Wrongful death suit claims a police officer’s lie led a Seattle man to take his own life
Concerned, Parks called Feller and told him that the officer said the crash had left someone critically injured, she said. Although Feller, 40, initially didn’t think he had hit anyone, in the coming days he became worried he had hurt a pedestrian and could face prison time, his friends said.
Feller injected himself with a fatal mix of drugs on June 3, 2018, five days after the collision. Marderosian, who was Feller’s roommate, found his body, the lawsuit says. Feller’s mother previously told The Seattle Times she believed he suffered from untreated depression.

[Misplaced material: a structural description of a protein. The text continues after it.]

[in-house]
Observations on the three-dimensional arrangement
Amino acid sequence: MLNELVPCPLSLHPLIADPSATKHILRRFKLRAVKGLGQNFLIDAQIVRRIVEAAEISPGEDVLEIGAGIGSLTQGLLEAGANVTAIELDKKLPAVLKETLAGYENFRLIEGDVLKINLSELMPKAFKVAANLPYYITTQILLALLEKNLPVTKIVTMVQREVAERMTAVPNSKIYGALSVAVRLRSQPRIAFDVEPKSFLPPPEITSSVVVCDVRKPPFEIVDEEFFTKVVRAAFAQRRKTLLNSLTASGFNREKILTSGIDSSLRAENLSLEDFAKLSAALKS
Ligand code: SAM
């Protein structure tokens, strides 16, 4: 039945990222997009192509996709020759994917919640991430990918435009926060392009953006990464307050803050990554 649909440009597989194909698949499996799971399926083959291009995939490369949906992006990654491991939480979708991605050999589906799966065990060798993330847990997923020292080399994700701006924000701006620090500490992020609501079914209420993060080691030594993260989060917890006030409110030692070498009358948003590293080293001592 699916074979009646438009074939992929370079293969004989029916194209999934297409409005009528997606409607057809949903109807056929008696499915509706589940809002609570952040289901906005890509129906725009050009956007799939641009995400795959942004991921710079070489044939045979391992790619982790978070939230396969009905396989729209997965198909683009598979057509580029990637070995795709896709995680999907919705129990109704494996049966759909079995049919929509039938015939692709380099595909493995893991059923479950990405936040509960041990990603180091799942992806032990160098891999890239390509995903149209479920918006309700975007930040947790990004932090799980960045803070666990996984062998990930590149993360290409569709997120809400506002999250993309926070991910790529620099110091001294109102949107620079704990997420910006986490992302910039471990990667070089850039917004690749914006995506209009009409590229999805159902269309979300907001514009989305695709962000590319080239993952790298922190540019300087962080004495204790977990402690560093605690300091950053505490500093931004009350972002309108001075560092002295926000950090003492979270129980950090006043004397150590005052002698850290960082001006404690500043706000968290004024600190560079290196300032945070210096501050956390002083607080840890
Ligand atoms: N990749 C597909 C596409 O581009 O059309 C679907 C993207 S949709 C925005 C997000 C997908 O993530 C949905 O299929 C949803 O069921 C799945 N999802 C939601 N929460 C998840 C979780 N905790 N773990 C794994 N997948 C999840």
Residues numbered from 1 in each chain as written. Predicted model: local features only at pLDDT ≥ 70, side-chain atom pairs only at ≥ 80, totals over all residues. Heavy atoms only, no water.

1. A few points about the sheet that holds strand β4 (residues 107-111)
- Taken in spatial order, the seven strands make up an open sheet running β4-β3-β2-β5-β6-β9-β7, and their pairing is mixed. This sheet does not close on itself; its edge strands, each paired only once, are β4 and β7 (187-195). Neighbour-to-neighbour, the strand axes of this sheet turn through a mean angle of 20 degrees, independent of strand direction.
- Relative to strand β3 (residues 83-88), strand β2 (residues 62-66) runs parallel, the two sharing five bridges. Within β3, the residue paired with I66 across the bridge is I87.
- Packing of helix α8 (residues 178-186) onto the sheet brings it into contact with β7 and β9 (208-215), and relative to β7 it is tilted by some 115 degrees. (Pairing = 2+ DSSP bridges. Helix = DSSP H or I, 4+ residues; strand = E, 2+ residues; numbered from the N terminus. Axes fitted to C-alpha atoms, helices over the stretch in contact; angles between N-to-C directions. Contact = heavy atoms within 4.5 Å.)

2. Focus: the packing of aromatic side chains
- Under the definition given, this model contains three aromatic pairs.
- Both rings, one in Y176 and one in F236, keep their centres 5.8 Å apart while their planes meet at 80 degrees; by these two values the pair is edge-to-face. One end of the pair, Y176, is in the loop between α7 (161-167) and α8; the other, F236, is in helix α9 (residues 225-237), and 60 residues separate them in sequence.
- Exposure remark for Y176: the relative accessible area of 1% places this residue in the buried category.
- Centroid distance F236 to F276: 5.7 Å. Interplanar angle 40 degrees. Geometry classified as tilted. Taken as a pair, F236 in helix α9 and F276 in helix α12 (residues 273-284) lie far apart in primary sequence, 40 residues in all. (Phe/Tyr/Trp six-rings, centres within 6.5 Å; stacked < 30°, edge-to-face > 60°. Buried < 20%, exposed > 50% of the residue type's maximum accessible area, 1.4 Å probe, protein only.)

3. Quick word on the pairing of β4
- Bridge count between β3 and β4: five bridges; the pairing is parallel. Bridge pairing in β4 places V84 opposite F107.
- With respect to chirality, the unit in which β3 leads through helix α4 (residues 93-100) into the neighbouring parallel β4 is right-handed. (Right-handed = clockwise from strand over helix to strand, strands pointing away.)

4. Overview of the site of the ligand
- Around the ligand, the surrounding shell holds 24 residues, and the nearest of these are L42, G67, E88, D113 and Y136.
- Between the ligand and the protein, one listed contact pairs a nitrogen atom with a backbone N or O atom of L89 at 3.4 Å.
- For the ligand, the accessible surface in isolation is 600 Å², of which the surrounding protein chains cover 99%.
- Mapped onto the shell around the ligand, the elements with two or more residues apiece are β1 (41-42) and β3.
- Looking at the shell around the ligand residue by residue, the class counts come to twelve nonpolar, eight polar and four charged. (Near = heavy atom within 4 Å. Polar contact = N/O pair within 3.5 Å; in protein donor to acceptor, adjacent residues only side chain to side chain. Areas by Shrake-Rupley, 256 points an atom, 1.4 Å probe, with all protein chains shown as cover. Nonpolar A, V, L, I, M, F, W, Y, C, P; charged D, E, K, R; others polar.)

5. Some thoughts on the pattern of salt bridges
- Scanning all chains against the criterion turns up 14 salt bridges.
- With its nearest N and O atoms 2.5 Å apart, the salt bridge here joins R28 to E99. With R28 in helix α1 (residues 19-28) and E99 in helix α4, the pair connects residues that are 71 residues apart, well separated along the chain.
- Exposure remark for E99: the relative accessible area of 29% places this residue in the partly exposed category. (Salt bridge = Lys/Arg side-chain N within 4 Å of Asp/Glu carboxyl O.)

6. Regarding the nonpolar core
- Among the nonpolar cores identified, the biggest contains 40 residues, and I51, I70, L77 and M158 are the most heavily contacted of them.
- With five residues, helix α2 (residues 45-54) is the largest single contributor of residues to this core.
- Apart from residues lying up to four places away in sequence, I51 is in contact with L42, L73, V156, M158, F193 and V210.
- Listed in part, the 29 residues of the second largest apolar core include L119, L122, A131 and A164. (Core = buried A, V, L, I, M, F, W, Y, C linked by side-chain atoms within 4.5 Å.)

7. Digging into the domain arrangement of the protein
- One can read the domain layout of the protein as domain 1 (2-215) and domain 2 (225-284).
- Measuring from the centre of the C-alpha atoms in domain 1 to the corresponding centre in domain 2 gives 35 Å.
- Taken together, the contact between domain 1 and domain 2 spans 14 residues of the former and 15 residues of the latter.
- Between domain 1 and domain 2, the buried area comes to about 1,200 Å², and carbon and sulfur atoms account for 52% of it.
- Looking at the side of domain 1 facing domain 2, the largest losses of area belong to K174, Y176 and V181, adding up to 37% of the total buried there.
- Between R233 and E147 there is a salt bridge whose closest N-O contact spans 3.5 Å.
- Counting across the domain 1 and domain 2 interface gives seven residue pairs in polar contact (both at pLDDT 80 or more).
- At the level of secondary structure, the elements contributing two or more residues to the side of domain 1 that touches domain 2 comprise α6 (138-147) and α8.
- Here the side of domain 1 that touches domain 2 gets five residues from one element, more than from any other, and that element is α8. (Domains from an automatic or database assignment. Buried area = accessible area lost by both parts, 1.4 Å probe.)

Although ruses and lies are valid law-enforcement tactics, “they should be used only when necessary because unnecessary lies breed a lack of trust” in police, Maxwell said. He said the hit-and-run crash Feller was involved in caused only a couple hundred dollars in damage to another vehicle.
During an internal investigation by the Office of Police Accountability (OPA), Kerby claimed he used the ruse because he needed Feller’s phone number quickly — which Parks gave him — but then failed to pass it along to the officer who had requested it, Marshall said.
“The whole thing was just a tragic, unnecessary loss,” he said.
Dan Nolte, a spokesperson for Seattle City Attorney Pete Holmes, said in an email, “We are reviewing the complaint and intend to investigate the brought claims in this matter.”